Friday, October 28, 2011

Temples, and the important things in life

Leaving Puri we stopped at Konark temple which is a heritage site that honours the sun god. It is one of the important temples of India, built in an incredible style, made in the 12th century and built over 12 years. As we entered ,our guide pointed to the entrance statue depicting the lion crushing the elephant who in turn is stepping on man...a lesson in humility that we were finally able to understand after our guide repeated his explanation twice with us listening intently to him, pretending we understood. When he asked after the first time if we grasped the symbolism, we said we had not really understood his explanation but the image explained itself. Trying to understand the meaning of the many gods and their importance is hard enough in English but made harder with the explanations of guides who try very hard to speak a language that we can understand. By the end of the day and after about 6 temples, we were templed out....just wanting to relax and sip a glass of wine with our feet up...not an easy thing to do here in Hindu India.

Man needing to let go of some of his ego

The pleasures of the Kama Sutra

At Konark we learned that this magnificent temple has carvings all around it that praise the many facets of life: the cultural, religious, leisure and philosophical. We were amazed at the clarity of the carvings that survive to this day. And here we were told about the Kama Sutra in explicit terms. The beauty of this book whose purpose was to explain the pleaures of married life is incredible, as is the openness of the people of the time.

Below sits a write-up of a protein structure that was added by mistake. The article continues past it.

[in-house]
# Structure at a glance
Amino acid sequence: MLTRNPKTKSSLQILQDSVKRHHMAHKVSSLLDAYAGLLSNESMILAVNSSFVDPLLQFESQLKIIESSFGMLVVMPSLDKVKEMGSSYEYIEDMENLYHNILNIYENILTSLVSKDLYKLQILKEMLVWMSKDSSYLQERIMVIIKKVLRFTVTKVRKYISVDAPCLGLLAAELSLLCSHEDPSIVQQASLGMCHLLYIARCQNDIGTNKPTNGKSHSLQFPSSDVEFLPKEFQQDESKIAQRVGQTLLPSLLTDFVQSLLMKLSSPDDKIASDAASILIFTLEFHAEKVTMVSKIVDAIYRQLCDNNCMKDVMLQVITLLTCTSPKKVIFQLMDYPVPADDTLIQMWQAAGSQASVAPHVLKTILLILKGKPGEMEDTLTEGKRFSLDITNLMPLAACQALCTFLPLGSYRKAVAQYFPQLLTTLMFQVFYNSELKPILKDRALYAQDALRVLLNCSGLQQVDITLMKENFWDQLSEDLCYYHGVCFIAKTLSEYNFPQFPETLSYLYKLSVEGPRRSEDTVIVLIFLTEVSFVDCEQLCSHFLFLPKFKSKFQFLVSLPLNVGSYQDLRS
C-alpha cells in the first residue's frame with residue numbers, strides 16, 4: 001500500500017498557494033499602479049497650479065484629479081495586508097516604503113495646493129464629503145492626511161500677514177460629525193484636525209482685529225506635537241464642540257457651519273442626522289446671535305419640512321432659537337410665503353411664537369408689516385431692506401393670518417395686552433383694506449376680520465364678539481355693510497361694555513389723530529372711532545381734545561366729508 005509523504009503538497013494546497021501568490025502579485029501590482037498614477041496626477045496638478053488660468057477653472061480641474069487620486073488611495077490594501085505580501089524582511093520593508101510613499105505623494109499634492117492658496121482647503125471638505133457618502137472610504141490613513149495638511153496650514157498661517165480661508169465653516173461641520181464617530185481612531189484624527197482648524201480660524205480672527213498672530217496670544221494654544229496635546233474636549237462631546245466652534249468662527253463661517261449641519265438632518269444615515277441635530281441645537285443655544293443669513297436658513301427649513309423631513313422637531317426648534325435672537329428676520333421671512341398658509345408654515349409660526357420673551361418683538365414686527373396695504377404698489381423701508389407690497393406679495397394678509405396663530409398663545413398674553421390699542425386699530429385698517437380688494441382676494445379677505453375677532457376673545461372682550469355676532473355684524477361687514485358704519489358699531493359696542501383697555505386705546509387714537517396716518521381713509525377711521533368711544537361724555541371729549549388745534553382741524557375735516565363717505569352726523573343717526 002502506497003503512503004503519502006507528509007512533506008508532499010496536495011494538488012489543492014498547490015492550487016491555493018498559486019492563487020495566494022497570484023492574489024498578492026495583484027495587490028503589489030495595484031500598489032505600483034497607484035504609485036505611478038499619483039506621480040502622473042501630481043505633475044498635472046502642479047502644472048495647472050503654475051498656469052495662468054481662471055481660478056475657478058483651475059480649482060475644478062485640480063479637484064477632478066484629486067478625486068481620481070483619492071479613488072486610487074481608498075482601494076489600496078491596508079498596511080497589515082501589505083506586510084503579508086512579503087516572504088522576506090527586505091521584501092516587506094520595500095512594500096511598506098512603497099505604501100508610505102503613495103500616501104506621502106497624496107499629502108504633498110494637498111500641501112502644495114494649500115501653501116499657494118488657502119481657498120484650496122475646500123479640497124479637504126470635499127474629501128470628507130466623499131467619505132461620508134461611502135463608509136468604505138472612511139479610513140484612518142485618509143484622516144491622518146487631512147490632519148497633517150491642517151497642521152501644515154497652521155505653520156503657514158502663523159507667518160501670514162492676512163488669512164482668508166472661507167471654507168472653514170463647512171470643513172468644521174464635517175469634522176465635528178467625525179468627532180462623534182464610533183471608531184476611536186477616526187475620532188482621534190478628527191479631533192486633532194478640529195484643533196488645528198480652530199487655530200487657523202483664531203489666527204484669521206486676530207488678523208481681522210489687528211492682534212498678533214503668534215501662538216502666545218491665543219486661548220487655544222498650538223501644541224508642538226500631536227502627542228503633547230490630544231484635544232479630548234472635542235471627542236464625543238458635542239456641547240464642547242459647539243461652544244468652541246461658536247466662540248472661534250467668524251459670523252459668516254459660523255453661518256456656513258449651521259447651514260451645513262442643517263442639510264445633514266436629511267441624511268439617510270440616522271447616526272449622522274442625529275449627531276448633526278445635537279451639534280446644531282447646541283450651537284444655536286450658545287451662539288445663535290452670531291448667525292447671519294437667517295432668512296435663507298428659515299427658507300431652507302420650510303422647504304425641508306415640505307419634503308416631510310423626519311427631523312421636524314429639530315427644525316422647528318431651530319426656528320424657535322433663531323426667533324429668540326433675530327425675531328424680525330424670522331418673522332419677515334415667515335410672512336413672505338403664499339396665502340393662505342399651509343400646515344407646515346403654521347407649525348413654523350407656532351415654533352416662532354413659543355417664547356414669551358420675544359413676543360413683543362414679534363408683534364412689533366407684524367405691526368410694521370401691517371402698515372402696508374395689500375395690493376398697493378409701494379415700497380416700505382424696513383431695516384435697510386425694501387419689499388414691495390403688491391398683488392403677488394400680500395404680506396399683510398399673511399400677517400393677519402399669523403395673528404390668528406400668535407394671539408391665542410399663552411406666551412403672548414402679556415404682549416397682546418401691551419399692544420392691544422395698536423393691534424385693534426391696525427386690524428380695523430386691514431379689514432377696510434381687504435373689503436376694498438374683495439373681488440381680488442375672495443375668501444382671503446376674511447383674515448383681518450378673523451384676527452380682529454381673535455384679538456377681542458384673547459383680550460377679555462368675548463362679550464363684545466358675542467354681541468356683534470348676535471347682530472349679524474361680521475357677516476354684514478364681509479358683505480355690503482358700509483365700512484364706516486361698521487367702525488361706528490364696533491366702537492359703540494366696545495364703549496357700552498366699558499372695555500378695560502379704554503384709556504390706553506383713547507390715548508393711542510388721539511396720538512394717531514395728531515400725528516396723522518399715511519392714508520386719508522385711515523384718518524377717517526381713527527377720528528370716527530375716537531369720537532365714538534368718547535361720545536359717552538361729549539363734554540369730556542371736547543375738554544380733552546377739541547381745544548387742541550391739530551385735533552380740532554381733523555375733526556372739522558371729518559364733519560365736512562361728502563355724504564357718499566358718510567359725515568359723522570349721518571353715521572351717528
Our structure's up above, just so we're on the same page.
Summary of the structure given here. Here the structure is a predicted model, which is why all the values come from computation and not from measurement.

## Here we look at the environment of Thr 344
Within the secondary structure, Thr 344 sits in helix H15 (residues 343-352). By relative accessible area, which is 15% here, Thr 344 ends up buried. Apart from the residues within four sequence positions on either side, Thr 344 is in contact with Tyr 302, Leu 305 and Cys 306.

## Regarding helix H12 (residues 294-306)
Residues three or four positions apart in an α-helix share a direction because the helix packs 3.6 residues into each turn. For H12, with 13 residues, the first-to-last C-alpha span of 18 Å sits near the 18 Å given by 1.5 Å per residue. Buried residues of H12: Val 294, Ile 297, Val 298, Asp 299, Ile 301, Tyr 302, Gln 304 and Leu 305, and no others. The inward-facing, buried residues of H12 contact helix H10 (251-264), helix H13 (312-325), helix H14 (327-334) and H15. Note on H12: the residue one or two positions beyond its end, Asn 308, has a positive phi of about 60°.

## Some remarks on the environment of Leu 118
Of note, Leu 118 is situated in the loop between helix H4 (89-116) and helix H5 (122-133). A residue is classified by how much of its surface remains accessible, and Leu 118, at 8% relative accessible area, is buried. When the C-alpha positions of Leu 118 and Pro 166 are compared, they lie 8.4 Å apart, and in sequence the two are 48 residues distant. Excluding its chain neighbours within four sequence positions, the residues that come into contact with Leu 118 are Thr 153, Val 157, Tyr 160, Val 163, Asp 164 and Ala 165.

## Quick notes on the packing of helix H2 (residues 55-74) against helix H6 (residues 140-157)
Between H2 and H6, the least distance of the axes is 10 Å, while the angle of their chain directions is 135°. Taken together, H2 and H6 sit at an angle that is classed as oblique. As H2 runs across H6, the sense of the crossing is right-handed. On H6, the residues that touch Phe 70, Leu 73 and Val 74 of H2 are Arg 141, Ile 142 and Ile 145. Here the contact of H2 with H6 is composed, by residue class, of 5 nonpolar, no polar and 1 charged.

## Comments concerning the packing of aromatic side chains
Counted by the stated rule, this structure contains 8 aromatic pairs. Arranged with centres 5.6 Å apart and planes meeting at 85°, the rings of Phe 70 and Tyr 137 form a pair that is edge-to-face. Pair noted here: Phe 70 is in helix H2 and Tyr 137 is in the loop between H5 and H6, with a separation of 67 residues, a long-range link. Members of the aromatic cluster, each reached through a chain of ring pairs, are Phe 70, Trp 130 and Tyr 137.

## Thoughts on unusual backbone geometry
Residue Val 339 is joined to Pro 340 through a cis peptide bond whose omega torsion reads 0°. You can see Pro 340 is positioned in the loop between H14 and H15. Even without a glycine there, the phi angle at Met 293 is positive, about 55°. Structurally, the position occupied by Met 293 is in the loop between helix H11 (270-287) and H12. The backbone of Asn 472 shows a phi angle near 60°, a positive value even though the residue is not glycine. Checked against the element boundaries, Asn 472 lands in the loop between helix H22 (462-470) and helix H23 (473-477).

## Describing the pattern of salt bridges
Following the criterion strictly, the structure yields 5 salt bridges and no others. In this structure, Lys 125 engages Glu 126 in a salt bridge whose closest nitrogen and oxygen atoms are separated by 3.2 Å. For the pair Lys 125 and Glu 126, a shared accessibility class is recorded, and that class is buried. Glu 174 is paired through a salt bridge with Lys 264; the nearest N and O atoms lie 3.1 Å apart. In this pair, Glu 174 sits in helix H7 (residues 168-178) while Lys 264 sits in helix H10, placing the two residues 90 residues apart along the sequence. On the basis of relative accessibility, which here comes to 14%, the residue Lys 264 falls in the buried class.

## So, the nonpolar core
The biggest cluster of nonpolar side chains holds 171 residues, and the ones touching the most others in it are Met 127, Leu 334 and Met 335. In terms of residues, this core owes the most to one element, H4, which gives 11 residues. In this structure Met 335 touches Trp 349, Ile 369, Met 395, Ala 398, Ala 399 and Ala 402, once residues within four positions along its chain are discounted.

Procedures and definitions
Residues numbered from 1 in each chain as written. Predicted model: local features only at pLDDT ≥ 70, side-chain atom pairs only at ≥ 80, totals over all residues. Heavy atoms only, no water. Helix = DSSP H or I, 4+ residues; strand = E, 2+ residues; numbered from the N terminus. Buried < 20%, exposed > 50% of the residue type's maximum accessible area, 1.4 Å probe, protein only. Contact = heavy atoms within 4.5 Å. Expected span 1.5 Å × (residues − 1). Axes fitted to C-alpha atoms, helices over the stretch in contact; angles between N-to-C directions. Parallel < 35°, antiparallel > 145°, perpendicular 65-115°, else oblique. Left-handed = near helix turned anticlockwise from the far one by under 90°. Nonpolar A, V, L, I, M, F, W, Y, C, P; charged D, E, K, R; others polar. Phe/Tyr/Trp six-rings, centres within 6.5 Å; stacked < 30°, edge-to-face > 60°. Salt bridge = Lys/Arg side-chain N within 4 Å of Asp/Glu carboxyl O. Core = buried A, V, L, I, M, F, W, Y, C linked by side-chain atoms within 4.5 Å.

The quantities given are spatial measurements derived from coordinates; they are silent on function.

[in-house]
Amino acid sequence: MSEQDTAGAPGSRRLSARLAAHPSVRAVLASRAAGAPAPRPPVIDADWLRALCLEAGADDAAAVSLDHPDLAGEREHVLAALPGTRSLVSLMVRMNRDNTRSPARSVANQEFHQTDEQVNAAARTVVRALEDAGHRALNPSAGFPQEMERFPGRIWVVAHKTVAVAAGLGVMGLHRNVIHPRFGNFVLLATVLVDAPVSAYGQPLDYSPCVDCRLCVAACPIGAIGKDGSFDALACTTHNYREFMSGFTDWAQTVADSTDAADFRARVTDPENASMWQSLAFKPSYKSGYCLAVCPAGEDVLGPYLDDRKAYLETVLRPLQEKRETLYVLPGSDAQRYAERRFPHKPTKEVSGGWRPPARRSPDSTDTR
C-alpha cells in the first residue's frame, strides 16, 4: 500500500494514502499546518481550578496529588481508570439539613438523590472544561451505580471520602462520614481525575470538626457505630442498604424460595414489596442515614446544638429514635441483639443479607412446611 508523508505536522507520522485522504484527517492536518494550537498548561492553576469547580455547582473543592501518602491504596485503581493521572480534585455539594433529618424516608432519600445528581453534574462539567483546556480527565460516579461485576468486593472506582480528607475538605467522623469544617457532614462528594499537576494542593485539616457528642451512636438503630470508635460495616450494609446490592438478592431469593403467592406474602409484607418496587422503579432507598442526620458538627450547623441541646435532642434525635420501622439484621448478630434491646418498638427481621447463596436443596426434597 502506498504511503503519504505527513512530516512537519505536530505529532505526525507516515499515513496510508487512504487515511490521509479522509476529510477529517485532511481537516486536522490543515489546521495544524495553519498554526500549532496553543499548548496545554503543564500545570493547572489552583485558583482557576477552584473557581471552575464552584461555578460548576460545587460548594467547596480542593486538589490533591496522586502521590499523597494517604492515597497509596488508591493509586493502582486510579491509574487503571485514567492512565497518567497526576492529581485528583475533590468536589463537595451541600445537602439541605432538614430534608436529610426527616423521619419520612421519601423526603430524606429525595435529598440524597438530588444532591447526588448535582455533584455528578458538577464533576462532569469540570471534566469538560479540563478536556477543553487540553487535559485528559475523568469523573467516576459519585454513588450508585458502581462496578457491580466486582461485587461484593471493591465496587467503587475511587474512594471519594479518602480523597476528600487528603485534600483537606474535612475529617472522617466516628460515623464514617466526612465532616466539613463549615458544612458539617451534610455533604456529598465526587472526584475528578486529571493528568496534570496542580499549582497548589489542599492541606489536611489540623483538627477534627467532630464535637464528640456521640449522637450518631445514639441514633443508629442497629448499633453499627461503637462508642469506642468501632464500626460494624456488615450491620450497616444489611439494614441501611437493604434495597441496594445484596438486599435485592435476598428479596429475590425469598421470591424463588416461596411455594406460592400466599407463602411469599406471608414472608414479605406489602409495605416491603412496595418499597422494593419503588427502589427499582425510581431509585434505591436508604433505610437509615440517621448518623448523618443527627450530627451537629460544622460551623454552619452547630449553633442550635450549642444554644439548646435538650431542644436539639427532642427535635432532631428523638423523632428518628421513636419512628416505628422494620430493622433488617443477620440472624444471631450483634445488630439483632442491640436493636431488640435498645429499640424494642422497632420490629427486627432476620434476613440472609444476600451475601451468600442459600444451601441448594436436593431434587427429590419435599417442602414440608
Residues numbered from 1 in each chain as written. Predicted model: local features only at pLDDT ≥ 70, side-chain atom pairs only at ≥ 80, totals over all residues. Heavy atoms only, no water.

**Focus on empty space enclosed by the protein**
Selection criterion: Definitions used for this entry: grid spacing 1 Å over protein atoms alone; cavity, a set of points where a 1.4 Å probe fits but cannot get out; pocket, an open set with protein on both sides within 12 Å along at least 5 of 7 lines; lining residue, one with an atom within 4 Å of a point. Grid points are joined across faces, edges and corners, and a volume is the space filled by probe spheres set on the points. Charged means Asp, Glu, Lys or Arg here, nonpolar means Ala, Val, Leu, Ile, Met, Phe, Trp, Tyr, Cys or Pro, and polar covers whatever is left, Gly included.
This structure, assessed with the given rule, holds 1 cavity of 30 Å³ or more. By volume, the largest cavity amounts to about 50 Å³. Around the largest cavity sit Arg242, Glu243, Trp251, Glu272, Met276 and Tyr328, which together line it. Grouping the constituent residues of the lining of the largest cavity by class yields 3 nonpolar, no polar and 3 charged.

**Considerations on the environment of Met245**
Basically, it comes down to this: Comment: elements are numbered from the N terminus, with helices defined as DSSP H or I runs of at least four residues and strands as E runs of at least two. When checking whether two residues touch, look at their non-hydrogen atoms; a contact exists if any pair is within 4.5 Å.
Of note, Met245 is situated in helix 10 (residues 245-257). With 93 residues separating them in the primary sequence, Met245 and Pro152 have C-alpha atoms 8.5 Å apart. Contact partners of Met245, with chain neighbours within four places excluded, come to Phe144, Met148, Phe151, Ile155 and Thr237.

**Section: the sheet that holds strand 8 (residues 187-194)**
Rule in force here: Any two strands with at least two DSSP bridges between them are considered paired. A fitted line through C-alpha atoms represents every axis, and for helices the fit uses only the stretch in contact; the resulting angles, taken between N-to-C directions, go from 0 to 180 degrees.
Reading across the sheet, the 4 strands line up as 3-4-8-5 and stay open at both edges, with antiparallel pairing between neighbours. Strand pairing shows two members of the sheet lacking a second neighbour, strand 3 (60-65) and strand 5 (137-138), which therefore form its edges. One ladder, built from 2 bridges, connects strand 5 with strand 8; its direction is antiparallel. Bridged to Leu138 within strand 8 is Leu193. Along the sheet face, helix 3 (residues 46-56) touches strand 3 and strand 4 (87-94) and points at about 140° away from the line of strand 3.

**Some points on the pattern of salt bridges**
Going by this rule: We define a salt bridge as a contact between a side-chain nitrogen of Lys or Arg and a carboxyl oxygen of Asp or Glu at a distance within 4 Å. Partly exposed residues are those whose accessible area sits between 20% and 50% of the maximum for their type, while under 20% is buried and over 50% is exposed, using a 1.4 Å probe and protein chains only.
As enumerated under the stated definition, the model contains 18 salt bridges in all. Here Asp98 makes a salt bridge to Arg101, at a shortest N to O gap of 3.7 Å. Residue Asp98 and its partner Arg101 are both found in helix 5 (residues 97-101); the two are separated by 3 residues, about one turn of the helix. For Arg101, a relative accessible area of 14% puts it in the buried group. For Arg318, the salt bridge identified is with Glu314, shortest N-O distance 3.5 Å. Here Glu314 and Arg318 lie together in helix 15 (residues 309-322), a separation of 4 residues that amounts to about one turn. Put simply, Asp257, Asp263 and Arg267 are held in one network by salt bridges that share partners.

In Bhubaneswar(3 mil people) the roads were congested with cars, rickshaws, motocycles, scooters, bicycles and pedestrians with lots of honking and crazy driving. There are no sidewalks so walking is a feat  in itself. To get back to our hotel (budget as usual) we took our first tuk-tuk ride...also known as an autorickshaw. It was like an amusement park ride and we have learned that this is the best way to travel, and one of the most economical. It does take nerves of steel, and a good sense of humour ,as the motocycle that carries the rickshaw weaves in an out of traffic at an incredible pace.

Driving on the narrow roads here so far has been fun, but thank goodness we have a driver. They drive on the left and honk in order to pass or to warn approaching traffic in the curves. Women sit  riding side saddle, holding their babies in their arms...that they do not fall off is a miracle. Cars must stop for cows who wander everywhere even on main roads. Everything fascinates the first-time visitors that we are.

From Bhubaneswar, the capital of Orissa, we flew to Siliguri and then were driven up the steep maountain road to Darjeeling. It is a wonder that the people here make this drive to get takes about 3 hours over treacherous roads that have been washed away and rebuilt after the monsoons that come yearly. Scenery is beautiful, lush and colourful. The hairpin turns are the tightest you have have ever seen. Passing is out of the question so when two vehicles meet, one has to back up until there is a  wider section to allow a tight squeeze. But Darjeeling is everything we were looking for and more. Many Nepalese live here, brought to work in the teafields one hundred and fifty years age. They have settled here as have many Tibetans. There presence is felt everywhere. The people are gentle, friendly and speak quietly which is a delight.
Out of our room we see the Himalayas and wake to the sound of chants and gongs. A trip to the highest point here to see the sunrise today at 05:00 allowed great views of Mount Kanjungjonga. This mountain is considered holy by the Hindus. It seems that rising 03am is a popular activity which we experienced first hand as we were crushed by the throng of eager holiday-goers who all had the same idea and did not mind the early rise. Chai whallahs, coffee whallahs, souvenir hawkers and buddhist prayer flags flapping,in the cold morning air, all added to the scenery and the joyous cacophony  as we all watched the sun come from behind the clouds to the sound of cheering.
                                            View from our balcony at Seven Seventeen

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